When the Depression struck there was no Federal social safety net for the elderly and the unemployed. Almost half of America's seniors were unable to support themselves. Jobless people fell quickly into poverty. Family resources and charities were stretched beyond the breaking point. And state and local government provided little aid.
Roosevelt, Secretary of Labor Frances Perkins, and other reformers had long supported the idea of government-sponsored pensions and unemployment insurance. Now this cause was given urgency by powerful grass-roots movements, including the Townsend movement, a national campaign for old-age pensions.
On August 14, 1935, FDR signed his proudest domestic achievement - the Social Security Act. It created old-age pensions and unemployment insurance, funded by payroll taxes on workers and employers. The Act also provided grants to states to assist disabled people and fatherless children.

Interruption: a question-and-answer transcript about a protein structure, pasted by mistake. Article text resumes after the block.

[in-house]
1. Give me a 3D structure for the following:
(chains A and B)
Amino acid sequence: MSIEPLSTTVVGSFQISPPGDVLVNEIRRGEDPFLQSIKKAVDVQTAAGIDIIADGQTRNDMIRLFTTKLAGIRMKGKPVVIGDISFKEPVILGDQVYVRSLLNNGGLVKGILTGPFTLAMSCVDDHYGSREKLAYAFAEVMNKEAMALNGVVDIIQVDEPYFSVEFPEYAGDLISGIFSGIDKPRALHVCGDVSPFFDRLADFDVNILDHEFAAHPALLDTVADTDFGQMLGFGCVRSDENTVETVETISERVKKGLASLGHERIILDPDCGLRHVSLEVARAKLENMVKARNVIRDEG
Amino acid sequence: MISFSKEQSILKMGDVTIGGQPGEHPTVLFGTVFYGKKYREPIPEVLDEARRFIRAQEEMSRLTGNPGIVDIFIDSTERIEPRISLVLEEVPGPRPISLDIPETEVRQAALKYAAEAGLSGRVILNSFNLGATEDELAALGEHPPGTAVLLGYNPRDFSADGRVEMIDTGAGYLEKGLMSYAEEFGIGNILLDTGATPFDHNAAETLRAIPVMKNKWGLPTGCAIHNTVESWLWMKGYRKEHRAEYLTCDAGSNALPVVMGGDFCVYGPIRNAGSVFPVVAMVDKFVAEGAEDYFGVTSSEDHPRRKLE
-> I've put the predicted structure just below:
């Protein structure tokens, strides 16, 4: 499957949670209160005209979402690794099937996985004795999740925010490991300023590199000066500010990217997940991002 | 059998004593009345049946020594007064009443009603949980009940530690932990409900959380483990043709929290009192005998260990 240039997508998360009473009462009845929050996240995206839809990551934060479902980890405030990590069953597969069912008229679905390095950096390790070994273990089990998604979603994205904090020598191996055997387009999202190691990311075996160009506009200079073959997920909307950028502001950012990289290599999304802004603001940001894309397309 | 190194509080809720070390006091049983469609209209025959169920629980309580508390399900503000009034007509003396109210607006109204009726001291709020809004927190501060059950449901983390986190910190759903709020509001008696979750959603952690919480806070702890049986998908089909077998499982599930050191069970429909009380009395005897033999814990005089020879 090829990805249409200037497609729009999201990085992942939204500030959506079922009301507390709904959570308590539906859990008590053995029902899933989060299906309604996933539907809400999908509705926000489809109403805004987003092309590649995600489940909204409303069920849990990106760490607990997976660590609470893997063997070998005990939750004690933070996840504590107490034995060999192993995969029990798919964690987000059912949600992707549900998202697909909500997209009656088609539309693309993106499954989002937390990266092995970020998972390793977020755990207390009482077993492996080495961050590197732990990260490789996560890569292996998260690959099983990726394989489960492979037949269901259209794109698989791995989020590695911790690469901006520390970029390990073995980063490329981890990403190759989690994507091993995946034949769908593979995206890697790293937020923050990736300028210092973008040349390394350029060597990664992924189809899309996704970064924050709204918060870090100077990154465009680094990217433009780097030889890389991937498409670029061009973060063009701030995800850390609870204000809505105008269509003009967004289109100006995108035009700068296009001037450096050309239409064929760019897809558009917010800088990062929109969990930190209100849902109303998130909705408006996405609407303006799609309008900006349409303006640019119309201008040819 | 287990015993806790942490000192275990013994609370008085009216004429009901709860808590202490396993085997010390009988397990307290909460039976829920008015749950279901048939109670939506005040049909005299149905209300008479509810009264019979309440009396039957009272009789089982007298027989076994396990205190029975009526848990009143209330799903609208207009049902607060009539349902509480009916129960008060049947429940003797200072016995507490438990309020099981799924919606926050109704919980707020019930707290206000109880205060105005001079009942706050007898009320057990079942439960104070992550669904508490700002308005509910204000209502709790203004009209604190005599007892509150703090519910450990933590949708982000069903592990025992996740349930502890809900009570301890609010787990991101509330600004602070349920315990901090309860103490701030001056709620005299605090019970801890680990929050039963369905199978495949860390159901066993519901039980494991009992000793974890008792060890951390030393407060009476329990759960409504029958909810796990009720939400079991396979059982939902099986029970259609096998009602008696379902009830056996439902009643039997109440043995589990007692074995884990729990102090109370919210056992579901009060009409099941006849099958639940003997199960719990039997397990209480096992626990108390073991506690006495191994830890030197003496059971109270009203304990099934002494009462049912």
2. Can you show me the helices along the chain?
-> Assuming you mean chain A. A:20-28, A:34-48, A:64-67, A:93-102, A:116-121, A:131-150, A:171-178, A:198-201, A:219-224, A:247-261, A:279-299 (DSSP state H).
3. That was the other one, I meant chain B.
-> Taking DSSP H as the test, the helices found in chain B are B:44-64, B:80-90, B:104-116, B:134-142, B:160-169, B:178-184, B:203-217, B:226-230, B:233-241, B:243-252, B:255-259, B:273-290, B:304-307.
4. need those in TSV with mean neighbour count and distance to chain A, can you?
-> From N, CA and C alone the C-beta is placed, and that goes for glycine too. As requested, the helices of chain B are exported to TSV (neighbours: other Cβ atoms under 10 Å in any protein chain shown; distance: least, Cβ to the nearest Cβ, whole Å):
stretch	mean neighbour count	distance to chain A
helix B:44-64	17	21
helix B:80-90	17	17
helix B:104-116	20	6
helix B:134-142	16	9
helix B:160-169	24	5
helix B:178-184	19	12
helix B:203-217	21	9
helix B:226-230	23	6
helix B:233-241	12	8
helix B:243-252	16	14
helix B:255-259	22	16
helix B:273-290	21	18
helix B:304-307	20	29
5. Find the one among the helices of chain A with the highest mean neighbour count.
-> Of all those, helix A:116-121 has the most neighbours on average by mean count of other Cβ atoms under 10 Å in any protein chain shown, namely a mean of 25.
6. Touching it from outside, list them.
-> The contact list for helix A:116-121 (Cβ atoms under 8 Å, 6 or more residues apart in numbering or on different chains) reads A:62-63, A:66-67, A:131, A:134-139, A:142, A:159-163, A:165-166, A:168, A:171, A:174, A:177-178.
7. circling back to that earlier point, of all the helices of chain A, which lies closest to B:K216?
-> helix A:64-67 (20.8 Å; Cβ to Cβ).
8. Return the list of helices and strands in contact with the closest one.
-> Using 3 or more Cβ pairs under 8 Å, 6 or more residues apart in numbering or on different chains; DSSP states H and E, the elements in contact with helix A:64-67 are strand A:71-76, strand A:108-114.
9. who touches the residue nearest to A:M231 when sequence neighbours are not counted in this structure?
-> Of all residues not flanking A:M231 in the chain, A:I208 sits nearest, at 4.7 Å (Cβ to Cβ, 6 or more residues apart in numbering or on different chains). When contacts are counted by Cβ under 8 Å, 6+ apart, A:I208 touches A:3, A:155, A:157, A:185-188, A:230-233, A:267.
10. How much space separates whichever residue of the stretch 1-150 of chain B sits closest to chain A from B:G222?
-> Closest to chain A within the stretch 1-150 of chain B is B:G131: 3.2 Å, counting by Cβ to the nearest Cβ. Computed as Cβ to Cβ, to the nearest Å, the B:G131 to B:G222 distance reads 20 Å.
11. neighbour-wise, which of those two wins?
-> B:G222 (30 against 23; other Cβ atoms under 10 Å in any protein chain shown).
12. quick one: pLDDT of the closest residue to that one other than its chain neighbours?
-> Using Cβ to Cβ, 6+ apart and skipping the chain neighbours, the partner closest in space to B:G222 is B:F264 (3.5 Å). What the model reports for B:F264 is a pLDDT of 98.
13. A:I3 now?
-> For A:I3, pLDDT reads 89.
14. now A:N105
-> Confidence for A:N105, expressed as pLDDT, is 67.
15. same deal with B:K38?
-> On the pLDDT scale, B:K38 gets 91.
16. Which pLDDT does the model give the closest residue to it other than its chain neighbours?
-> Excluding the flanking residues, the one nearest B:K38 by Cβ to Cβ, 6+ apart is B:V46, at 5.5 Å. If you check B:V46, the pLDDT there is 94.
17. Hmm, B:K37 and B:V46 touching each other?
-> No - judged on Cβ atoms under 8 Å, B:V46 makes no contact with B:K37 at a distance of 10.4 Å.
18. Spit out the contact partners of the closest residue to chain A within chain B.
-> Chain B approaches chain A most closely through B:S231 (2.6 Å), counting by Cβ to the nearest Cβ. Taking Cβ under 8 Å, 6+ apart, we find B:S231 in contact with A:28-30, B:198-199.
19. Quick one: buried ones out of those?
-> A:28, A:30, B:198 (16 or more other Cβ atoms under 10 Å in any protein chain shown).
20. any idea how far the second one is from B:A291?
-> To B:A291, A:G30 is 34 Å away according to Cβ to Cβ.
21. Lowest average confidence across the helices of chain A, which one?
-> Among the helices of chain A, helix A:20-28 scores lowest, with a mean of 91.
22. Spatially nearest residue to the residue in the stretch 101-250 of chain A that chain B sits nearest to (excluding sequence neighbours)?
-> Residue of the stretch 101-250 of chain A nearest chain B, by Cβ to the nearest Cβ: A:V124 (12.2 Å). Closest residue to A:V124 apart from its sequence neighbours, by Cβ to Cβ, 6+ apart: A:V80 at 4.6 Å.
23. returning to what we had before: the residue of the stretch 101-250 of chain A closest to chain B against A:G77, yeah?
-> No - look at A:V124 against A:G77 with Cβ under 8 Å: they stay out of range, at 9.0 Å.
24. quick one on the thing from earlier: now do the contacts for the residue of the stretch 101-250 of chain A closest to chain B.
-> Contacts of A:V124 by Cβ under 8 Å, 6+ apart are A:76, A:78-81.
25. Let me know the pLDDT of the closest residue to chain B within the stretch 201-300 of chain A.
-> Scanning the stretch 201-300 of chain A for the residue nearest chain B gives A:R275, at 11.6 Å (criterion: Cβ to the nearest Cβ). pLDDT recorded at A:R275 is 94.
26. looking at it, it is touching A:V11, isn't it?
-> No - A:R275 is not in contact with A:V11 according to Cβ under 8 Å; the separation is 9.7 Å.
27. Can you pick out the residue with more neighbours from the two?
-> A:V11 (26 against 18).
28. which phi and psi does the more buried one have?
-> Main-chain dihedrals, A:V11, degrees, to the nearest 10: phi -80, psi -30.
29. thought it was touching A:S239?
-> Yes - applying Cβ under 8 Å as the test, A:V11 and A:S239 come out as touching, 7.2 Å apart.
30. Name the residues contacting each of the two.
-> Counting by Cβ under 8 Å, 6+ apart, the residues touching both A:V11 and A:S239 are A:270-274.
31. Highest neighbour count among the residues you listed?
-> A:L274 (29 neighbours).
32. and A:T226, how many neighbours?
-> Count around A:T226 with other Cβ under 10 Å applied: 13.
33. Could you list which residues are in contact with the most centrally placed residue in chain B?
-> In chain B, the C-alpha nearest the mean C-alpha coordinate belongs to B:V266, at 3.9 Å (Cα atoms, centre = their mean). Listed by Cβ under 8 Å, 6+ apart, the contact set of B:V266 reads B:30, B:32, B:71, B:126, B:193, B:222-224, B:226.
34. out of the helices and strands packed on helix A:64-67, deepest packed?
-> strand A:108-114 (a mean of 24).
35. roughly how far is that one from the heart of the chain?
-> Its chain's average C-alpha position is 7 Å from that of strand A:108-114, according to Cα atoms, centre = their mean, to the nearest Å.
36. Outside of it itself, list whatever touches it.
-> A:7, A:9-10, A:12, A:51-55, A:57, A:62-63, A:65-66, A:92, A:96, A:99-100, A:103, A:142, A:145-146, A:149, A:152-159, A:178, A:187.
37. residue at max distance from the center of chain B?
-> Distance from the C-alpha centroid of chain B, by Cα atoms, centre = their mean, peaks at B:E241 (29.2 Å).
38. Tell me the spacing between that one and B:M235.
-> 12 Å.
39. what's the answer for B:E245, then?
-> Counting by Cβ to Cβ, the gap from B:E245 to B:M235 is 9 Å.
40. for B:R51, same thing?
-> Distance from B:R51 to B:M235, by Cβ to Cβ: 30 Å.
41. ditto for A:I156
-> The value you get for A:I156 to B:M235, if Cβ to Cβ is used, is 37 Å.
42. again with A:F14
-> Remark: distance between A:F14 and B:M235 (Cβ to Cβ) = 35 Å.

Voices of Protest
During FDR's first term, powerful populist figures emerged who challenged New Deal policies as halfway measures.
In California, Francis Townsend launched a national campaign to provide everyone over 60 with generous monthly pensions (funded by a national sales tax). Since recipients had to spend their checks within 30 days, Townsend argued his proposal would also revive the economy by stimulating consumer spending. Critics said it would simply transfer purchasing power from the young to the old, while doubling the national tax burden.
In Michigan, Charles Coughlin, a charismatic Roman Catholic priest with a popular national radio program, railed against Wall Street bankers and advocated inflationary monetary schemes. By 1937, his message was increasingly laced with anti-Semitism.
Roosevelt's most formidable populist critic was Louisiana Senator Huey Long. Long's popular "Share Our Wealth" program promised to make "every man a king" by taxing the rich to provide a guaranteed annual minimum income to every American.